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VIDEO: Center City sushi workers go on strike

Employees of Center City sushi restaurant Fat Salmon are on strike, accusing owner Jack Woo of wage theft, uncompensated overtime and retaliation.

Fat Salmon Fat Salmon workers and Restaurant Opportunities Center advocates reading their strike letter on April 8. (Credit: YouTube / Fabricio Rodriguez)

Employees of Fat Salmon sushi restaurant at 719 Walnut Street, along with advocates from the workers' rights nonprofit Restaurant Opportunities Center of Philadelphia, will deliver a public statement to their employer on Wednesday after going on strike from the restaurant earlier this month.

The workers are accusing Fat Salmon owner Jack Woo of wage theft, alleging he used "menu tests" as justifications for skimming 10 to 50 percent of tips from employees and retaliated against those who complained of unfair working conditions by verbally abusing them and cutting their shifts.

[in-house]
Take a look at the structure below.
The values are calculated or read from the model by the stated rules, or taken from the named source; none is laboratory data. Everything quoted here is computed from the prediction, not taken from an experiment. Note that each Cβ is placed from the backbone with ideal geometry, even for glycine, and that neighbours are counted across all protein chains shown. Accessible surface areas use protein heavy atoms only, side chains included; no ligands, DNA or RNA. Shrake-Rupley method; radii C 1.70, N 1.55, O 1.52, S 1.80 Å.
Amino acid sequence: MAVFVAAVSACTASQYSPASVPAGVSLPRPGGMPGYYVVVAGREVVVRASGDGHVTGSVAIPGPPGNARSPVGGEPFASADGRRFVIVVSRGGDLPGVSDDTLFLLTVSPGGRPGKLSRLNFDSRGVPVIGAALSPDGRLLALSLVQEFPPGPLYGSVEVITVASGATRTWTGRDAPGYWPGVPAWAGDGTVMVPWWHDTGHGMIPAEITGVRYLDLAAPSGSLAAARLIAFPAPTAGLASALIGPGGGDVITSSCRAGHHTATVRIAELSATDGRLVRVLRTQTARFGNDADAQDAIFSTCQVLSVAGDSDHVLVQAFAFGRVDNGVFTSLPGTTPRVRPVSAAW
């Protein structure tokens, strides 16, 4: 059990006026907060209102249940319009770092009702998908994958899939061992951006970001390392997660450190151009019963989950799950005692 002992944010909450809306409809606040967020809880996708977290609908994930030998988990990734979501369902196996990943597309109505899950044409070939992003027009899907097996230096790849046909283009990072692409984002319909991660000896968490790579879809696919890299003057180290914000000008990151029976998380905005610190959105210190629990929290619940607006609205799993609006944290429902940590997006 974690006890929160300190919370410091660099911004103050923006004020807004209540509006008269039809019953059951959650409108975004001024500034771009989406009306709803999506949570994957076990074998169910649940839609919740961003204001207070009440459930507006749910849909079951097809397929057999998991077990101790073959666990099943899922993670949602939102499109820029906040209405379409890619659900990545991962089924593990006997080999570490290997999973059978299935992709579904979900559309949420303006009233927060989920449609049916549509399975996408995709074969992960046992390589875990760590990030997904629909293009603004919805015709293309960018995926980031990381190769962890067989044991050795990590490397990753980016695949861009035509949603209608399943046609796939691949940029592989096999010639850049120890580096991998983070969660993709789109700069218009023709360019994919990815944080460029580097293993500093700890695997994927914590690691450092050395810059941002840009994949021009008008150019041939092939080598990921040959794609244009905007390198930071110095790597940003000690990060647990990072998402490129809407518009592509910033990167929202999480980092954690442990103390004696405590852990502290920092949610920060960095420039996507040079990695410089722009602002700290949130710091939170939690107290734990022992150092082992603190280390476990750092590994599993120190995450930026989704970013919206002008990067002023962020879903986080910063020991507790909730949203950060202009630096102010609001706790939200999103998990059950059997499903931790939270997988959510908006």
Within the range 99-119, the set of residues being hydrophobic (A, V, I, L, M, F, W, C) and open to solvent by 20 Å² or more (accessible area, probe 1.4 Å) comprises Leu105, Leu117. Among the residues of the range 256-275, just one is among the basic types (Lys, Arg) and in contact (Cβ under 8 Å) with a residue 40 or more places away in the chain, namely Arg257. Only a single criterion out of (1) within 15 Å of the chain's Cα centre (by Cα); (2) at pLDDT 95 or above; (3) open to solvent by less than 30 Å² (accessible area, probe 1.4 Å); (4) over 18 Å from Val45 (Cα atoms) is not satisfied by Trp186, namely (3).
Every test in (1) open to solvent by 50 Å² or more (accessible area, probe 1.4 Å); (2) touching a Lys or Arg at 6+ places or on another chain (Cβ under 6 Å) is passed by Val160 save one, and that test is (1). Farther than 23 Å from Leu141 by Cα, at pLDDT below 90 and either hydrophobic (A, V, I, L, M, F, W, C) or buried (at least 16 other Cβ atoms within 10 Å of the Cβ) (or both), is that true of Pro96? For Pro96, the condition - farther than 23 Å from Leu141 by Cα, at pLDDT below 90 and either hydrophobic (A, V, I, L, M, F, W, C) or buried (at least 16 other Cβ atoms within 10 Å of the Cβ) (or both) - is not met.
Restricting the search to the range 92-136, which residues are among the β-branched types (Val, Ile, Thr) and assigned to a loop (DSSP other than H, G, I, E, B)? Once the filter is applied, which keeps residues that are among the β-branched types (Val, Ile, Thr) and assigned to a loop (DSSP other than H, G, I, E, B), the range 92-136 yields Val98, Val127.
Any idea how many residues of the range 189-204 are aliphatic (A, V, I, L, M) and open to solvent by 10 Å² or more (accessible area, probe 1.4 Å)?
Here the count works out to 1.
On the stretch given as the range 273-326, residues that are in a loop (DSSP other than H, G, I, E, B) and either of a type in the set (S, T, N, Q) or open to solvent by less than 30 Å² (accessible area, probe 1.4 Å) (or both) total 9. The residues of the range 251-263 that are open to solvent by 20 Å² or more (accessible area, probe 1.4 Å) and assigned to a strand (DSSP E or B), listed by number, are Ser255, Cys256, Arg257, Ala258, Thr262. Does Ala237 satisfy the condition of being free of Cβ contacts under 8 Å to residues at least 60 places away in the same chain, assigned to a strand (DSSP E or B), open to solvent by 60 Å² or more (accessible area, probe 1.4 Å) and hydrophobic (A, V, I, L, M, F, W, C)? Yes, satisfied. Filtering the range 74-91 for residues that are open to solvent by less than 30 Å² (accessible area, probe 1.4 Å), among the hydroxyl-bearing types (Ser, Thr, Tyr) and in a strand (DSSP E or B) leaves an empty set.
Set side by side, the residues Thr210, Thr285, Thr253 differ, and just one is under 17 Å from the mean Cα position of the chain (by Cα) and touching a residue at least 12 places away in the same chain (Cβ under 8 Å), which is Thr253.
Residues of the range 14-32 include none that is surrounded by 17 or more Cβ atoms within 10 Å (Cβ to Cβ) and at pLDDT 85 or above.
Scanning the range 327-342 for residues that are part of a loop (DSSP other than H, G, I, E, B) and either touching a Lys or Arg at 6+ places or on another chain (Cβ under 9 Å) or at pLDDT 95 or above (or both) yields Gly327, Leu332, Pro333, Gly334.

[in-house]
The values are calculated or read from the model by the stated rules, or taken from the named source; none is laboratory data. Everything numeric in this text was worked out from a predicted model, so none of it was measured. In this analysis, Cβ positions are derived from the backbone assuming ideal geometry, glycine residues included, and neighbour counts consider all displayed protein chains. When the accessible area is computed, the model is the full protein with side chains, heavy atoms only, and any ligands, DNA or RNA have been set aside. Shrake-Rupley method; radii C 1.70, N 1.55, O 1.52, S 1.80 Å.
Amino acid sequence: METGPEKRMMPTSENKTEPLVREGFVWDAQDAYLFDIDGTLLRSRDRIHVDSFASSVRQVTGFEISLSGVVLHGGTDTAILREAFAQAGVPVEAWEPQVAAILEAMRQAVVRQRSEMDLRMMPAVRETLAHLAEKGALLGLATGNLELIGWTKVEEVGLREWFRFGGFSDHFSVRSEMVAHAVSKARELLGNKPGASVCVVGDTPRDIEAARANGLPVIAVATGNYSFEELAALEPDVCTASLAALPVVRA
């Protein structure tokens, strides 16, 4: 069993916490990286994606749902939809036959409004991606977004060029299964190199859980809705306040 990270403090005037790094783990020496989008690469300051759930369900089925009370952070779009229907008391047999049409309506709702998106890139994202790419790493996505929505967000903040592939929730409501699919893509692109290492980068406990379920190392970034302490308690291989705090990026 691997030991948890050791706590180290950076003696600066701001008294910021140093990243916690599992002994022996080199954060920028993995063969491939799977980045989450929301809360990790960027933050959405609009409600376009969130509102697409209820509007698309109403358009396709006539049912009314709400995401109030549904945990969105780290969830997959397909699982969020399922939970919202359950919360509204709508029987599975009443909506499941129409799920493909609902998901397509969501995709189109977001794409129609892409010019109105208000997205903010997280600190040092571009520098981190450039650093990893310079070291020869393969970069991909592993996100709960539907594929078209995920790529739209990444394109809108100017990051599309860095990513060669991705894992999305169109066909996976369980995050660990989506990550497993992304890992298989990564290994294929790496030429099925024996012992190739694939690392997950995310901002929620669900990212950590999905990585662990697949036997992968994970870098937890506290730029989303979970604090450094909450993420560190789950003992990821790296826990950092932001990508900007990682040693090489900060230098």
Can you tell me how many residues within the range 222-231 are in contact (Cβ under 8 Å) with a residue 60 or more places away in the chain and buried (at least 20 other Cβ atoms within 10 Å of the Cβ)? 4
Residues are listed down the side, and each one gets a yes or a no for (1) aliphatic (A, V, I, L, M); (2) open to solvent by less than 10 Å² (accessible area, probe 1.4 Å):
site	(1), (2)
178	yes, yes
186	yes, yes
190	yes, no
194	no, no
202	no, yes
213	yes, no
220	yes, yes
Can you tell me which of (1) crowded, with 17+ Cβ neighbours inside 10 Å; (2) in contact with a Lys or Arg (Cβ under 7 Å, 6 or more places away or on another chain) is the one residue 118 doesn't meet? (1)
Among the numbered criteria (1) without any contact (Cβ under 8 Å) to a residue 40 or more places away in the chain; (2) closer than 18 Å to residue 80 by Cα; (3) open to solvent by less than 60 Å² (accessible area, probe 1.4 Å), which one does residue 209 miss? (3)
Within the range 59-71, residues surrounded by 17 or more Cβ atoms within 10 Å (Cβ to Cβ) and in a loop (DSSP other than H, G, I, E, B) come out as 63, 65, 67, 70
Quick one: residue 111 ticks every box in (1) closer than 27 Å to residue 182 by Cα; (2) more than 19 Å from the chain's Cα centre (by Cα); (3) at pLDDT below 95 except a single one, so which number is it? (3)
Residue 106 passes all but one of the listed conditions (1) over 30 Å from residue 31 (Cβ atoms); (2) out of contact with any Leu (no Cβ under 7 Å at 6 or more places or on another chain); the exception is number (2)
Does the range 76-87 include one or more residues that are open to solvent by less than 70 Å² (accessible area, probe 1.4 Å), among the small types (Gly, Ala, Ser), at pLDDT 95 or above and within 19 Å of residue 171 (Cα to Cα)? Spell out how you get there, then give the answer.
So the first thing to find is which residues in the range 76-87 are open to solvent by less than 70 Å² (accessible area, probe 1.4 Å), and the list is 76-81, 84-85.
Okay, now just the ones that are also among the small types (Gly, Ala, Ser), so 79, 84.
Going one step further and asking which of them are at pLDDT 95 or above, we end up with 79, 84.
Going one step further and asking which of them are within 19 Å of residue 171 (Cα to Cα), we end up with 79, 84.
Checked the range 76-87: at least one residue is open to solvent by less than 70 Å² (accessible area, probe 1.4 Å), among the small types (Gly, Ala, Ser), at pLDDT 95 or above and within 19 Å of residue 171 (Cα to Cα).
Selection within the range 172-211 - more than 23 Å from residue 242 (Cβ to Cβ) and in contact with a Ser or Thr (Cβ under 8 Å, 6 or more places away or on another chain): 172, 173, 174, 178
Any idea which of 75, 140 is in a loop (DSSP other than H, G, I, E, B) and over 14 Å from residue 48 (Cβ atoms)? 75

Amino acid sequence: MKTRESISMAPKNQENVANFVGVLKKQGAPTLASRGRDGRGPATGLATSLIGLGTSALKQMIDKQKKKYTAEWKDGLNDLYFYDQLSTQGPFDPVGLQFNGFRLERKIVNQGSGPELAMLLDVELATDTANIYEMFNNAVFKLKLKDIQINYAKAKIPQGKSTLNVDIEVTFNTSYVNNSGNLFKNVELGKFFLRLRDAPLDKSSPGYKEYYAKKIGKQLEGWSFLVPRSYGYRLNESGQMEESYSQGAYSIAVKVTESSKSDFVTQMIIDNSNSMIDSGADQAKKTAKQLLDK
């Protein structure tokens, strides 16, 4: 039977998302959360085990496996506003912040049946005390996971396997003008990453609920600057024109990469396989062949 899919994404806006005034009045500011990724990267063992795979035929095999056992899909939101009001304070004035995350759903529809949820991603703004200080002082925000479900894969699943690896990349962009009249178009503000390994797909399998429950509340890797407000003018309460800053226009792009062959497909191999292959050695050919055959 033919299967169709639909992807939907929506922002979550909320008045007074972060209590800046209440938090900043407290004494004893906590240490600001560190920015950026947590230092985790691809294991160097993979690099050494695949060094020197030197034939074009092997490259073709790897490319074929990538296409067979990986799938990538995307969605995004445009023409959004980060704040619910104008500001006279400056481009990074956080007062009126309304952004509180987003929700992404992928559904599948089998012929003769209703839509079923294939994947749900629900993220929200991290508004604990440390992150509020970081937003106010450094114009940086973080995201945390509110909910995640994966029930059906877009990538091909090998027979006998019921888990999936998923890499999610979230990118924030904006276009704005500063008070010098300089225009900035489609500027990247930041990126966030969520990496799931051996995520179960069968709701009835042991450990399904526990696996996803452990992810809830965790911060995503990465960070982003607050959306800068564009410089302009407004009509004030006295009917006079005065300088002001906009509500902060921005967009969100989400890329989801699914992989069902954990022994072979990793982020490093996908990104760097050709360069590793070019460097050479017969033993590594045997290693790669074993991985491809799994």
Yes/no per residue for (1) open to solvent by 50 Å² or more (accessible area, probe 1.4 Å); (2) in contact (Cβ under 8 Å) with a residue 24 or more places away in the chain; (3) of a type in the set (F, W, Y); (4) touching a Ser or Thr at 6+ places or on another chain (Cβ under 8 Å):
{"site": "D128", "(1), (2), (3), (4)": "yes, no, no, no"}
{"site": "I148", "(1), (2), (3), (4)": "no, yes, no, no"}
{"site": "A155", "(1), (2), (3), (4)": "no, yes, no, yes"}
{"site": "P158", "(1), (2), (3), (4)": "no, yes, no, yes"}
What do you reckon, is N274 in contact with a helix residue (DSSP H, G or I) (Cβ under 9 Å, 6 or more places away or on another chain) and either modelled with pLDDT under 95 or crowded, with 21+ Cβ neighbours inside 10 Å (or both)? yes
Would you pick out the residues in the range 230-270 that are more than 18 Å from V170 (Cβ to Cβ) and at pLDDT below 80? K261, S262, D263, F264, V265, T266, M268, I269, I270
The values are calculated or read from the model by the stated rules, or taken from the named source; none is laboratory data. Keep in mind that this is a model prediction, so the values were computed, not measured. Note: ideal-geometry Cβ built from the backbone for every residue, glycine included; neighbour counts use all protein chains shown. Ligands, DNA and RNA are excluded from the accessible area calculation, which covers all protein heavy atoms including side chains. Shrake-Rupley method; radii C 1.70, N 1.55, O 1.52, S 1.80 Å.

In a video shot April 8 and uploaded to YouTube Monday, several workers and Restaurant Opportunities Center activists can be seen approaching Woo at Fat Salmon and reading him a letter detailing their charges against him.

"This letter is being delivered for the purpose of informing you that we are going on strike immediately until the wage theft ceases, the tip pool is documented in writing and, at the end of each shift, workers receive breaks and the pay they are owed," the document read.

Workers said the abuse they suffer "includes but is not limited to failure to pay for all hours worked, including overtime pay, failure to provide breaks and failure to properly compensate employees through an illegal tip pool agreement and by retaining a portion of employee tips pursuant to the passage of tests."

Workers gave Woo until April 22 to settle the matter amicably, but an agreement has not been reached.

Fat Salmon sushi employees and activists will gather in Washington Square at 2:15 p.m. Wednesday to deliver a public statement regarding the ongoing fight.

 
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